Figure 6 is presented to further quantify the amount of aliased variance in the empirical results, and to relate it to the theoretical results of Fig. 2. The fractions of aliased variance for the pressure data for time series of 100 DJF and JJA averages (1 season per year, AL/SI = 1/4) are plotted in Fig. 6b. They are given by the difference between the solid line of Fig. 5a (estimated unaliased spectrum) and the dashed and dotted lines, respectively, divided by the dashed or dotted line (aliased spectra of the sampled data). The shaded band is taken from the theoretical band of Fig. 2.

The dotted line in Fig. 6c has the similar result for the time series of all 400 seasons (1 sample per season, AL/SI = 1/1). It is derived from the two spectra of Fig. 5b. Negative fractions occur when a spectral value of the particular sample of seasonal averages is smaller than the estimate unaliased spectrum. Also plotted in Fig. 6c are fraction aliased variance for a sample of 1200 monthly averages sampled every month (solid line) and that for 100 annual averages sampled every year (dashed line). Similarly, Fig. 6a shows the fractions of aliased variance for a time series of 100 Januarys and Julys (1 sample per year, AL/SI = 1/12). The spectra of these latter four cases are not shown. The shaded bands are from Fig. 2.

## 4. A partial remedy

To minimize aliasing we need to minimize variance at *f* > *f*_{c} before sampling. Many of our longest time series are in the form of monthly averages. In that case, a convenient way to minimize variance at all *f* > *f*_{c} is to first compute a new time series of running 3-month averages. The spectrum of the resulting 3-month averaged or seasonal data sampled monthly takes the character of that of Fig. 4 with a zero (nearly) at 4 cycles yr^{−1} and *f*_{c} = 6 cycles yr^{−1} (0.5 cycle month^{−1}). Figure 4 shows that only a very small amount of variance at *f* > 6 cycles yr^{−1} survives the 3-month averaging. Figure 7 shows the estimated unaliased spectrum from Fig. 4 and the spectrum of 3-month running means sampled monthly. The *y* axis is logarithmic so that the 95% confidence limits can be readily shown. At frequencies less than about 3 cycles yr^{−1} differences between the two spectra are small relative to these limits implying very little aliasing. The two spectra begin to diverge at *f* > 3 cycles yr^{−1}, because the unaliased spectrum is zero at 1/91 cycle day^{−1} (close to 4 cycles yr^{−1}) and the monthly sampled spectrum is not since 3-month running averages range in length from 89 to 92 days.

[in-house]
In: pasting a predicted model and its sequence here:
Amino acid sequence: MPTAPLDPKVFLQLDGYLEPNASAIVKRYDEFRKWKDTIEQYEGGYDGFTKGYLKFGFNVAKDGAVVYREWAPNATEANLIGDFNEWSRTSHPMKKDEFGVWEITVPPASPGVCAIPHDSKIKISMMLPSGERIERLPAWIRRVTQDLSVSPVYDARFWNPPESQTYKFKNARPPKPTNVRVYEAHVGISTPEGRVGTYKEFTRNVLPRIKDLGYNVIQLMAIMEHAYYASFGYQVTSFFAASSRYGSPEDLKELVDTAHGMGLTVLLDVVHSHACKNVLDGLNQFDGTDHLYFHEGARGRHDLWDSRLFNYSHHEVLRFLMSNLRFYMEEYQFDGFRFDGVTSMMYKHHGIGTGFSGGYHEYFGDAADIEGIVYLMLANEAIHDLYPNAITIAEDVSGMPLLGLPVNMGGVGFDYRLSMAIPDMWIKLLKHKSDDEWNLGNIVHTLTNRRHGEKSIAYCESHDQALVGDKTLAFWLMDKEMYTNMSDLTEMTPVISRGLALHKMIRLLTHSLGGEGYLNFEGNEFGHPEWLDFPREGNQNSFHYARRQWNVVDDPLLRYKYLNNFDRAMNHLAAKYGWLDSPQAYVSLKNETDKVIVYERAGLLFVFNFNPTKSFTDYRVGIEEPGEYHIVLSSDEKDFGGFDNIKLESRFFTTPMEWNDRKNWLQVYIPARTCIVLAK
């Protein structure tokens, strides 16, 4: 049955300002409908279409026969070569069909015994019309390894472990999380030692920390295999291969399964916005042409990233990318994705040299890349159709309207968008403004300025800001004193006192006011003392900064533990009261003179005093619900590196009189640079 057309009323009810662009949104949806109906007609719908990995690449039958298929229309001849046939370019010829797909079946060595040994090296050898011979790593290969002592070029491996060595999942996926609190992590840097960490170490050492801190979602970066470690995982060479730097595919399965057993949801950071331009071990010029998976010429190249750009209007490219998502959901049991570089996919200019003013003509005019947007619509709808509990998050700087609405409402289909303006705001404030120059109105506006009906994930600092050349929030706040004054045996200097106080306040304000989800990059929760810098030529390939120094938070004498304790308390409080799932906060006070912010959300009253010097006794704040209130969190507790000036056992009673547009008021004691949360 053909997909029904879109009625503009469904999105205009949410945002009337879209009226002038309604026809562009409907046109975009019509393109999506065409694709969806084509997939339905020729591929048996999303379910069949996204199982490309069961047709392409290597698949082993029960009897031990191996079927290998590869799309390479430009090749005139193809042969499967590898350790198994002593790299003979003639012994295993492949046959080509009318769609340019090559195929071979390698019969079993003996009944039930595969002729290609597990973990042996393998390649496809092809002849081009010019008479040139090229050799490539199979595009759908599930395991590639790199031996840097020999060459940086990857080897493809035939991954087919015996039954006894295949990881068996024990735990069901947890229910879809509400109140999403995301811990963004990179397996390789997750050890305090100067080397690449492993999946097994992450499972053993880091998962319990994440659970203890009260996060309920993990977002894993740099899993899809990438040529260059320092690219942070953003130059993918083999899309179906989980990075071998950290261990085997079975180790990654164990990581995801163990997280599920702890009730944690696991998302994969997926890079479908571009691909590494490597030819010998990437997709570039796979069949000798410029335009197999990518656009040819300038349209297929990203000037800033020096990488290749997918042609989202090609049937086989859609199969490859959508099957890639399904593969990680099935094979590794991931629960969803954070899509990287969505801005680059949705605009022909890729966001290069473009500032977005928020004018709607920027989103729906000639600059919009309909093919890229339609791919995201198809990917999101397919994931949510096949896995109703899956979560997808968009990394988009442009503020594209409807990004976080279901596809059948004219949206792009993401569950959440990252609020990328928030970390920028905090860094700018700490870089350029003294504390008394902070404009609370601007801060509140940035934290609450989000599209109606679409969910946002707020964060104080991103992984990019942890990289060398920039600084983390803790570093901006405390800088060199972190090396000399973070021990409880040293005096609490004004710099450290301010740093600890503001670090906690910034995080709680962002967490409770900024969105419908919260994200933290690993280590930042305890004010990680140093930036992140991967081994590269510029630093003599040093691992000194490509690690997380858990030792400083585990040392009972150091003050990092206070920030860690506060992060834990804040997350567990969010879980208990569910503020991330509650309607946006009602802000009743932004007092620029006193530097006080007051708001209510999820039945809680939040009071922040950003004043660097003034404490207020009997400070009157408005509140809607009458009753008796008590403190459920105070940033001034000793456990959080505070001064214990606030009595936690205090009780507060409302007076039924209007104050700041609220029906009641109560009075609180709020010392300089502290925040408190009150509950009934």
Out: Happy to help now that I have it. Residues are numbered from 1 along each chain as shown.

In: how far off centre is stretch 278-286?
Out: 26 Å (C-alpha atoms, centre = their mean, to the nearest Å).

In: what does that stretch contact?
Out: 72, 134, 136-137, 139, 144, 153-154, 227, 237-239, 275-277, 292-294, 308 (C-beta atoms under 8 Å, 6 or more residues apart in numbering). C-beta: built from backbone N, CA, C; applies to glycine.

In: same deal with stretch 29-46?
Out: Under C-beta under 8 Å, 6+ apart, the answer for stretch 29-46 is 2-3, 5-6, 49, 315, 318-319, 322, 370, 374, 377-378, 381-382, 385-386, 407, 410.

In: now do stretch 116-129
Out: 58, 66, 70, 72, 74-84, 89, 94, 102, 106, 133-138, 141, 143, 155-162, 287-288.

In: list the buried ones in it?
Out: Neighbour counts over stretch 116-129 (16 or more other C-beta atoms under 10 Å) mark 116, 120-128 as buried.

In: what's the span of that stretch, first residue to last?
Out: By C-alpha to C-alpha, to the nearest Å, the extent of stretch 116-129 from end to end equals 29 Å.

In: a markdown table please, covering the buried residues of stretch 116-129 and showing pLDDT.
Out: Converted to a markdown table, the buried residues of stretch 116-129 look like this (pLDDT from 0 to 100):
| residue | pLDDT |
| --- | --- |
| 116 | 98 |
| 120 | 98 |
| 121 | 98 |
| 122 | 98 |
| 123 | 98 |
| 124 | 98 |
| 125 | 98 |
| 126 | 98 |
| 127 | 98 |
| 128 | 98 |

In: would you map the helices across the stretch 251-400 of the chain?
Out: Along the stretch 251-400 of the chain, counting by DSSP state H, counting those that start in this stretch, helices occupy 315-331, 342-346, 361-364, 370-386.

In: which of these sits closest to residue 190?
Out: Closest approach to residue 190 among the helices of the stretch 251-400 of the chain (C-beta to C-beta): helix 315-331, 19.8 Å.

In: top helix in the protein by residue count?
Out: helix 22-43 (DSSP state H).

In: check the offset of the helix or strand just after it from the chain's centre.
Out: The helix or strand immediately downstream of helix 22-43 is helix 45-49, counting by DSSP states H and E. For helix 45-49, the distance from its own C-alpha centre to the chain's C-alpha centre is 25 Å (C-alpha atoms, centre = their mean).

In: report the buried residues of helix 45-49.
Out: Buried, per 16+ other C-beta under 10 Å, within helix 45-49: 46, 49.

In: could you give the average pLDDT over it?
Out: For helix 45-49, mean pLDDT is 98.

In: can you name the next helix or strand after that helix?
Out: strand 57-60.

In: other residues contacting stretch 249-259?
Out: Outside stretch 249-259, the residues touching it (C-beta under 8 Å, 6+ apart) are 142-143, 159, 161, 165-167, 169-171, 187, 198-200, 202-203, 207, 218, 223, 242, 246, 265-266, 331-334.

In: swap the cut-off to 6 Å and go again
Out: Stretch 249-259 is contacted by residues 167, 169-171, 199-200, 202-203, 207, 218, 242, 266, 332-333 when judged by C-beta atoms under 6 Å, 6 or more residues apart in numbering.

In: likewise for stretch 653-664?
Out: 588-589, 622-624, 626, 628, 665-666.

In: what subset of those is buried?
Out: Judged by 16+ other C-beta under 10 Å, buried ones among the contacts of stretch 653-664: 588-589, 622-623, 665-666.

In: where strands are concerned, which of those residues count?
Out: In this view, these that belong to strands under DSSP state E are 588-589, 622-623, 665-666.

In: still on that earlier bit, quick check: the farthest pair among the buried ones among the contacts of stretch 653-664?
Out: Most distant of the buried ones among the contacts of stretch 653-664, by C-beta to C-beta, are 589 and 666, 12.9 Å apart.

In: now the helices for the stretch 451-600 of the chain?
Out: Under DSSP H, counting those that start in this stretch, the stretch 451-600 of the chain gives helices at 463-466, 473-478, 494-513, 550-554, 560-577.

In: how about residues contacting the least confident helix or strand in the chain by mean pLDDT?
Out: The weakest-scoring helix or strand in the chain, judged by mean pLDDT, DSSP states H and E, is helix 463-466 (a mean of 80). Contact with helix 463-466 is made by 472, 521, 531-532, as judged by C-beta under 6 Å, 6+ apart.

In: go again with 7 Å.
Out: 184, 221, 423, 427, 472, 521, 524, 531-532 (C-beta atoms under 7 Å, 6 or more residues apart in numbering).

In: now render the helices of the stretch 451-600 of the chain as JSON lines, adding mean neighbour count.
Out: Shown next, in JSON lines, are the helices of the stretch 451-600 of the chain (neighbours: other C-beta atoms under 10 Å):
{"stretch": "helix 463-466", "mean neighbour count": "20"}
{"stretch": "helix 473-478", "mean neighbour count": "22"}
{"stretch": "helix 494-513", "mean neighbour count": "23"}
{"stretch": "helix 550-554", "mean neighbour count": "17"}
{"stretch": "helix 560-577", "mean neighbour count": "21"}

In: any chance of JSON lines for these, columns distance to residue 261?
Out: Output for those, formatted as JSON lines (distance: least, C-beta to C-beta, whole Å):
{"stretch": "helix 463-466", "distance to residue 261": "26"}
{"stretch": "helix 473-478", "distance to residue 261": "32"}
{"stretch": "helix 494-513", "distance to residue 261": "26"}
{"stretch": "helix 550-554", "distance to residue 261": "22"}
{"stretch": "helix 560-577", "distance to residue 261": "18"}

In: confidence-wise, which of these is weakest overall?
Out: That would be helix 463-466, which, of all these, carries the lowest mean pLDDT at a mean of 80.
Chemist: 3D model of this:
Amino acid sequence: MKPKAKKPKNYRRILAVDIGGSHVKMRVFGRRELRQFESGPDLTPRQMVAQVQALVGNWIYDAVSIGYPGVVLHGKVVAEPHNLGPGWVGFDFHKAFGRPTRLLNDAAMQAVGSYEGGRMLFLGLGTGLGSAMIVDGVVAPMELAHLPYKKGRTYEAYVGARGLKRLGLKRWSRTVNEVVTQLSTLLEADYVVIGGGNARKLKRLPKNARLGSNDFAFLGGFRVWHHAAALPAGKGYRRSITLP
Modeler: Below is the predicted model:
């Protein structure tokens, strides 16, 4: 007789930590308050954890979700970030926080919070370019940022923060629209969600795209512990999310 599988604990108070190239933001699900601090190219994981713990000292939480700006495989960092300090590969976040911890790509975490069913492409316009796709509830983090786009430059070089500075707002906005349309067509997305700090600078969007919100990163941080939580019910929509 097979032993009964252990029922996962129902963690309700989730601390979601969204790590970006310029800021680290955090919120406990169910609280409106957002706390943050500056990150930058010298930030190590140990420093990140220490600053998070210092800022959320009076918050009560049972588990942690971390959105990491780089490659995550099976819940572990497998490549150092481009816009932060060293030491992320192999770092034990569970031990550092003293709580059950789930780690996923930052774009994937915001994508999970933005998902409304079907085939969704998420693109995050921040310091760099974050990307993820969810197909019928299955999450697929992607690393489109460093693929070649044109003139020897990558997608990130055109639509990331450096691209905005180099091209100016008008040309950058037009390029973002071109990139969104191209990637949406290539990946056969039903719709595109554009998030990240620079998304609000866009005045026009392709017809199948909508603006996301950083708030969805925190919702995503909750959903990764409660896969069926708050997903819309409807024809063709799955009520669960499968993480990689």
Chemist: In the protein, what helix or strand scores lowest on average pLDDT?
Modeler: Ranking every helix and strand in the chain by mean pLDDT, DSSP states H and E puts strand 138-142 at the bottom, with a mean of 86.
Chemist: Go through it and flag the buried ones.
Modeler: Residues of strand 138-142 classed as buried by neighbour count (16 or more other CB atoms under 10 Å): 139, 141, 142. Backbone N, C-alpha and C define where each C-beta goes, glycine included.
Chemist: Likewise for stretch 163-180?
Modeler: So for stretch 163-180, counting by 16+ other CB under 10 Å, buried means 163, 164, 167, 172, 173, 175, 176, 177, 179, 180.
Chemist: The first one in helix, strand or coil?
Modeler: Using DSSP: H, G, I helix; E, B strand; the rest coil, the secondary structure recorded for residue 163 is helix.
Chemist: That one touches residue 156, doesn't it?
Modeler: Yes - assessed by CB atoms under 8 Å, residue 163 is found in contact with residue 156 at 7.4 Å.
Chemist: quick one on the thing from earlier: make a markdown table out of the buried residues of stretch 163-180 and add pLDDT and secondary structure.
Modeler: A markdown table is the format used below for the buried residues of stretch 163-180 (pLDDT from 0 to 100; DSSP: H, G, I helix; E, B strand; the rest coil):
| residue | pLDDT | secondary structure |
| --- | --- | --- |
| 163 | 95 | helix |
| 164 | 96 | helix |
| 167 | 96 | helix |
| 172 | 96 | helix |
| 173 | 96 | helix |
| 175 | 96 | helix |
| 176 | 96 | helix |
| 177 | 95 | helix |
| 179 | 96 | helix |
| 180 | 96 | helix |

The above remedy requires sampling every month and therefore does not allow isolating the time series of a single season or month. Because physical processes can change seasonally, it may be desirable to consider data from a single season. This presents a difficulty that will have to be treated case by case.

## 5. Summary

Aliasing of relatively high-frequency variations to low frequencies can make determination of slow changes in meteorological time series difficult to quantify. The theoretical and empirical examples presented here suggest that for seasonal or monthly averaged data sampled once per year the fraction of aliased variance exceeds 50% and 80%, respectively, at all frequencies. We propose Fig. 2 as a first-order estimate of aliasing effects for varying averaging lengths and sampling intervals. For any case, the exact nature of aliasing will depend on the true unaliased spectrum of the given time series. In particular, if the low-frequency part of that spectrum has relatively more variance than the AR1 model, then the fraction of aliased variance will be less than Fig. 2 suggests.

## Acknowledgments

J. Meehl brought the problem to our attention. D. Shea provided the pressure data, and E. Rothney typed several versions of the manuscript. An anonymous reviewer's comments helped to improve the manuscript.

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*Random Data: Analysis and Measurement Procedures*. Wiley-Interscience, 407 pp.Blackman, R. B., and J. W. Tukey, 1958:

*The Measurement of the Power Spectra*. Dover, 190 pp.Gray, B. M., and R. A. Madden, 1986: Aliasing in time-averaged tropical pressure data.

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,*J. Appl. Meteor***18****,**703–706.U.S. Weather Bureau, 1899–1939:

*Daily Series Synoptic Weather Maps, Part 1*.*Northern Hemisphere Sea Level and 500 Millibar Charts*. U.S. Dept. of Commerce.Wunsch, C., 2000: On sharp spectral lines in the climate record and the millennial peak.

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^{*}

The National Center for Atmospheric Research is sponsored by the National Science Foundation.